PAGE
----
UK ‘migrant taxi service’ made Channel tragedy inevitable, says skipper who rescued stricken migrants
Raymond Strachan told GB News British authorities have been acting as a 'migrant taxi service' encouraging ever increasing numbers of people to make the journey
The skipper of the fishing boat which helped rescue dozens of migrants from the English Channel last week, has angrily hit out at UK immigration policy for making the tragedy "inevitable".
Raymond Strachan told GB News British authorities have been acting as a "migrant taxi service" encouraging ever increasing numbers of people to make the journey.
In his first full interview since his 6-man crew pulled 31 migrants from the freezing waters, the skipper said they often see migrant boats making the dangerous crossing.
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Last January, his scallop boat had to come to the aid of three small migrant boats in the Channel.
In one incident, five people were crammed into a tiny inflatable with no outboard motor.
"It was unbelievable." He said.
"They were paddling across the busy shipping lane, and not a single one of them had a life jacket."
The scallop boat captain said he was convinced the policy of simply escorting the small boats into UK waters, where they are then picked up by authorities, was acting as a lure.
"Listen, this is what's happening every time. I see it every time we are fishing that area in nice weather. What's happening is, sometimes they're getting an escort across the Channel.
"I see the French patrol boat coming, escorting them across the Channel to the UK sector. And once they get to the UK sector, the French patrol boats call up the UK coastguards, and ask the UK coastguard to send patrol boats.
"The coastguard sends the patrol boats to take the dinghies and the migrants to the UK. It's a free taxi service."
Raymond Strachan said that he had no choice but to intervene last Wednesday to help people in imminent danger of death. But he told GB News he disagrees with the general policy of effectively providing a "migrant taxi service."
"It doesn't matter your political views about the migrant crisis, when you see people in the water, screaming, shouting, begging for their life. If you've any compassion at all, then human nature kicks in and the thing to do is rescue people, and that's what we did."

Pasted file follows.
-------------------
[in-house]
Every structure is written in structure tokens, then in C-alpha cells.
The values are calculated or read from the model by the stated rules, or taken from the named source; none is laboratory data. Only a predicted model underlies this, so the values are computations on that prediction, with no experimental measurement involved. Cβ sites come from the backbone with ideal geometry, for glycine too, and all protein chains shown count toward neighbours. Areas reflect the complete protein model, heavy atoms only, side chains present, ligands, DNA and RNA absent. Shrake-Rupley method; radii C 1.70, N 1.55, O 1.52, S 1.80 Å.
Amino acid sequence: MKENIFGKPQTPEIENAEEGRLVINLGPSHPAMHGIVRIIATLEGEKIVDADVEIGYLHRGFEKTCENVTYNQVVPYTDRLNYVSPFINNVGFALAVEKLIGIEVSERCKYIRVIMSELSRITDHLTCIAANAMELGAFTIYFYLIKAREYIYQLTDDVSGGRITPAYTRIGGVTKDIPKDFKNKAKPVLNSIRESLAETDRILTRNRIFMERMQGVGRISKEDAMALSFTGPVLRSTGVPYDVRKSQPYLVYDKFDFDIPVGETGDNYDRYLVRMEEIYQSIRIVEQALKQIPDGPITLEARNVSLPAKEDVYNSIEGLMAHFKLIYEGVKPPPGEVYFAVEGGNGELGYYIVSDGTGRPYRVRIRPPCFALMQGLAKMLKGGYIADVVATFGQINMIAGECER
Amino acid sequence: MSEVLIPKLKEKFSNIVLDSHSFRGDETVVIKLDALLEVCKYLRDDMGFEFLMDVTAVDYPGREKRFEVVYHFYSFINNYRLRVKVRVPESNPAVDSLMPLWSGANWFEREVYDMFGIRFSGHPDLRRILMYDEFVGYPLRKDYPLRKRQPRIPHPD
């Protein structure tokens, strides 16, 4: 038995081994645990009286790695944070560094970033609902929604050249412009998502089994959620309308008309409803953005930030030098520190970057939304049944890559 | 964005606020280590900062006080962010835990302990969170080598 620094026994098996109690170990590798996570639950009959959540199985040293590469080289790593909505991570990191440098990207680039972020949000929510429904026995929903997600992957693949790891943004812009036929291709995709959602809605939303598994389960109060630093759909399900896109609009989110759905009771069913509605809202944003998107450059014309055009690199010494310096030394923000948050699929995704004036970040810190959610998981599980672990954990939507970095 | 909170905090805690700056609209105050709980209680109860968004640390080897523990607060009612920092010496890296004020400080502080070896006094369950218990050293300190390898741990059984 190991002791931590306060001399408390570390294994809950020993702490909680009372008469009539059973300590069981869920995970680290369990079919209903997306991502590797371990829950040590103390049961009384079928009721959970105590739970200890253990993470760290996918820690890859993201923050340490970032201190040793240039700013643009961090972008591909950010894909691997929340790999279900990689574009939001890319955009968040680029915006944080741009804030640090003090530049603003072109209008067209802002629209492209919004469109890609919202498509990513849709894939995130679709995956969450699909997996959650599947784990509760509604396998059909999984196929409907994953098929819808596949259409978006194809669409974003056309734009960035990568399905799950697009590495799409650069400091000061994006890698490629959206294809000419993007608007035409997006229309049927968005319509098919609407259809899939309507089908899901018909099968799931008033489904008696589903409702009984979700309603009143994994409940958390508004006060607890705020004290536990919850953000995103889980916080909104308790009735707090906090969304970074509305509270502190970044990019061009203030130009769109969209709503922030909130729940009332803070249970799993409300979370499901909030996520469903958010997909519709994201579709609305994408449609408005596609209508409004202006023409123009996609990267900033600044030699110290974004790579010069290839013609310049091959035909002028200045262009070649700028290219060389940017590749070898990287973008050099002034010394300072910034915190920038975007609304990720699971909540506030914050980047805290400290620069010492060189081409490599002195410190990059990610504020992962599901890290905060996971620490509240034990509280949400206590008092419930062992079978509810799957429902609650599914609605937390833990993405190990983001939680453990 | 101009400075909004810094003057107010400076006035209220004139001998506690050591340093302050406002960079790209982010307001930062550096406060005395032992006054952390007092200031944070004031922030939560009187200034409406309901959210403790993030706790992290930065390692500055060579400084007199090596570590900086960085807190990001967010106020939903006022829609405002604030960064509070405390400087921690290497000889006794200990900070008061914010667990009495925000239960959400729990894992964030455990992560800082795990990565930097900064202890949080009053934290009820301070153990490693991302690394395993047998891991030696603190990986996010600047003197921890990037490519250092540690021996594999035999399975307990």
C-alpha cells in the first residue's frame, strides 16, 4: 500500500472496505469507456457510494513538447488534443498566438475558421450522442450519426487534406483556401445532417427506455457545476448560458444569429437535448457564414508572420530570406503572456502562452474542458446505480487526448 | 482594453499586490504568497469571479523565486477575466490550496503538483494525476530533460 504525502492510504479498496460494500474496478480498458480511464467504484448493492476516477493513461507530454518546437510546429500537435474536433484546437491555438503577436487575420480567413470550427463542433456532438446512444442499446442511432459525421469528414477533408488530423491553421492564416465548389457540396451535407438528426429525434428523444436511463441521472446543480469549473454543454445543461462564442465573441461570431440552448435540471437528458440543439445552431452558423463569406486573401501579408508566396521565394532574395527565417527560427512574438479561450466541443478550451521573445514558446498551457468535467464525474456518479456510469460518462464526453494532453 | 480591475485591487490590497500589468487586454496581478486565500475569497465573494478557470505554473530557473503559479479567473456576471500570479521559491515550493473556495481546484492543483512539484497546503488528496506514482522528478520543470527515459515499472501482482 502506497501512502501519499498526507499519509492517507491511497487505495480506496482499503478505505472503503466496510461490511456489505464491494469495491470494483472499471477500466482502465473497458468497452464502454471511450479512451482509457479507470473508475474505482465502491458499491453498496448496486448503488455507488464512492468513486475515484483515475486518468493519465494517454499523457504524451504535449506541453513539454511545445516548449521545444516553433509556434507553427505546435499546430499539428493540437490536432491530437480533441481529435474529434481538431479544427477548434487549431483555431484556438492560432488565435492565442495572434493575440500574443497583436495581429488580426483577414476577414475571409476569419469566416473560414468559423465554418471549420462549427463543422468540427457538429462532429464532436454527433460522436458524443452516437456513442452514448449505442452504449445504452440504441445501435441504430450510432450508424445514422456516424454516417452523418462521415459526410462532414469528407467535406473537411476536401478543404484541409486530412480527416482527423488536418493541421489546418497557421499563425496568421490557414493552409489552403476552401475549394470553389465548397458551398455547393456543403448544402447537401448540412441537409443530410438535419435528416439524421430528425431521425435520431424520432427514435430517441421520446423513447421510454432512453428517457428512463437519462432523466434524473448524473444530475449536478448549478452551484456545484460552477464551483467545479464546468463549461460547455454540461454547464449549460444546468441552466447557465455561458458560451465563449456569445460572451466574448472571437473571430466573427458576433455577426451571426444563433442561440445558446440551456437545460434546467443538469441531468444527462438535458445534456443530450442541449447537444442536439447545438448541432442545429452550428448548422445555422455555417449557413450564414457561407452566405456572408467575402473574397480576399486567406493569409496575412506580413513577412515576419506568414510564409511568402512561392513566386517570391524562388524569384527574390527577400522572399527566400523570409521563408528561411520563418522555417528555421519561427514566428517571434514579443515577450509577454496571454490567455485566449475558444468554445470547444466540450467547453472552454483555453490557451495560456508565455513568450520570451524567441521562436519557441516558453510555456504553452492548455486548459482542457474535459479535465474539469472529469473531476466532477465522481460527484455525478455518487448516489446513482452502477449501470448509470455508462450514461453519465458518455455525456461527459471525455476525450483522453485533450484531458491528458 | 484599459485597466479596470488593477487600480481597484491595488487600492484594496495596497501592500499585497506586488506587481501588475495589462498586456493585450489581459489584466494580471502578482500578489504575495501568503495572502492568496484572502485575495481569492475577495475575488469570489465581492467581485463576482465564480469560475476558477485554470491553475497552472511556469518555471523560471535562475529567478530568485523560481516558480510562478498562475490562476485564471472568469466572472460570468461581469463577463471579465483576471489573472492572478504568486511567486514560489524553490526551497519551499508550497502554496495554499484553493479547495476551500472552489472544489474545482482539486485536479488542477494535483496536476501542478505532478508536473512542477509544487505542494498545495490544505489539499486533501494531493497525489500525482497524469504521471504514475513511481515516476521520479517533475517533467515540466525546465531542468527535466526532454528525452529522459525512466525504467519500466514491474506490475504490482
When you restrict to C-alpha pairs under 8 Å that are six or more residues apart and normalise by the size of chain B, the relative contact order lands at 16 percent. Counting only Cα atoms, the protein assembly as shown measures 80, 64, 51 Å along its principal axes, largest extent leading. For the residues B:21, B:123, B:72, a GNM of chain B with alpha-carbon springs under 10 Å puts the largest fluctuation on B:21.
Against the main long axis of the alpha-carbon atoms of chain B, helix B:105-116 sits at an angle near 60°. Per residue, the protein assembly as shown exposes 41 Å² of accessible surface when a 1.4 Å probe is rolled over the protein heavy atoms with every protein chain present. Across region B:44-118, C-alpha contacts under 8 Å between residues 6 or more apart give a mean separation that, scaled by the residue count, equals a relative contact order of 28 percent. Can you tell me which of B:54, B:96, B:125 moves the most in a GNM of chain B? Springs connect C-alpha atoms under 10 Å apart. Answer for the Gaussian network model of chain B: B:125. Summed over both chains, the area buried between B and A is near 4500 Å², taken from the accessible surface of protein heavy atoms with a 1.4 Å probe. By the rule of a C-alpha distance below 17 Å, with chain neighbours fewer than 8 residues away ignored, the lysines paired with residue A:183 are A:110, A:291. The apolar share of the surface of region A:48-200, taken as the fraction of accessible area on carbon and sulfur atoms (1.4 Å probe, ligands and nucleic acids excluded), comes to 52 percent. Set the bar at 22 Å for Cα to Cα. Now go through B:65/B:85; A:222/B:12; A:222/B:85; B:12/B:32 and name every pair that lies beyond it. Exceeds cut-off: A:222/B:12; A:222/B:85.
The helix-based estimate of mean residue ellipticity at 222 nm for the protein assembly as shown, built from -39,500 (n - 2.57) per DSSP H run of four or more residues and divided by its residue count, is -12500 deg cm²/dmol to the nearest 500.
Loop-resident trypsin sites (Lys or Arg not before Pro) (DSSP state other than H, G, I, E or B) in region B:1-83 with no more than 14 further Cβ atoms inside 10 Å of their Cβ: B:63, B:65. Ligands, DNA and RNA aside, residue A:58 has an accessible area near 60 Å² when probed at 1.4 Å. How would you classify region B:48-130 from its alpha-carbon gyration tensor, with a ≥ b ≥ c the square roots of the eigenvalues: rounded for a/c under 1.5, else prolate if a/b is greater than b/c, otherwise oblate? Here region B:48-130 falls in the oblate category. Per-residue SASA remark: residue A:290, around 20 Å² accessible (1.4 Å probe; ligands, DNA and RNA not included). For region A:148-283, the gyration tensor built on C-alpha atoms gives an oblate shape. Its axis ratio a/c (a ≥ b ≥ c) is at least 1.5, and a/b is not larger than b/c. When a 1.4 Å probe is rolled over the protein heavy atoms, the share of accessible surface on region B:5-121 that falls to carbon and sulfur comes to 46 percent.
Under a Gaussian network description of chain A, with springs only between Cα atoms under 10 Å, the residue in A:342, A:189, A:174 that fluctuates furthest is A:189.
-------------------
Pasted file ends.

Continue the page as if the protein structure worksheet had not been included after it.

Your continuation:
In the early hours of last Wednesday morning, the scallop trawler Arcturus was fishing about 8 miles off the Kent coast when the crew heard panicked cries for help in the dark.
"It was very fortunate we were close by." Raymond said.
"If we weren't in the area, there would have been upwards of 45 fatalities."
The skipper said, almost immediately after hearing the cries for help, it was obvious they were facing a major emergency.
"The dinghy was so close to us, that we had a migrant hanging off our fishing wire.
"We got him alongside the boat. I started pulling up my fishing gear and then by that time, there was about five or six migrants hanging off the side of the boat.
"We pulled them aboard the boat. It's not an easy task, trying to pull a panicking person out of the water when they're fully clothed and soaking wet.
"We must have pulled aboard about eleven people, and then when the other migrants saw they were getting rescued, they jumped into the water to swim towards our boat."
At one point, Raymond said they lost the migrant boat in the darkness, but he managed to steer his scallop trawler back towards the sound of the cries for help.
"We managed to tie their boat alongside ours, but there was a lot of confusion and migrants crawling over each other to get to the Arcturus."
Captain Strachan said it was at that point he noticed there was no floor on the migrant boat, that it had given way and some people were in the water in the middle of the dinghy.
He said the first rescue vessel to reach the scene was the Dungeness lifeboat, which was able to take hold of the dinghy and take a small number of remaining migrants onboard the lifeboat.
For hours afterwards, several lifeboats, Border Force vessels and the Royal Navy, along with Coastguard helicopters, conducted a huge air and sea search operation.
Four migrants were later confirmed to have died. Up to four more are missing, presumed dead.
On Sunday, Kent police announced that a man had been charged in connection with the tragedy.
Ibrahim Bah, of no fixed address, is charged with facilitating illegal immigration.
Wednesday's deaths were the first significant loss of life in the Channel since 27 migrants died after their small boat deflated half way across from France to the UK in November last year.
Raymond Strachan said, unless the UK government changes its approach to the crisis, there will be more loss of life.
"It's not the first and it won't be the last. They'll keep coming. Even if there's a risk of drowning, they'll keep coming.
"We were fishing that area last Sunday, and I saw five successful crossings.
"And you get the UK government saying they're going to send patrol boats out to stop the crossings.
"Well, I see the patrol boats there, but I just see them acting as a taxi service, that's what it is.
"And it won't stop, the government's got to change their immigration policy. It's getting out of hand now."
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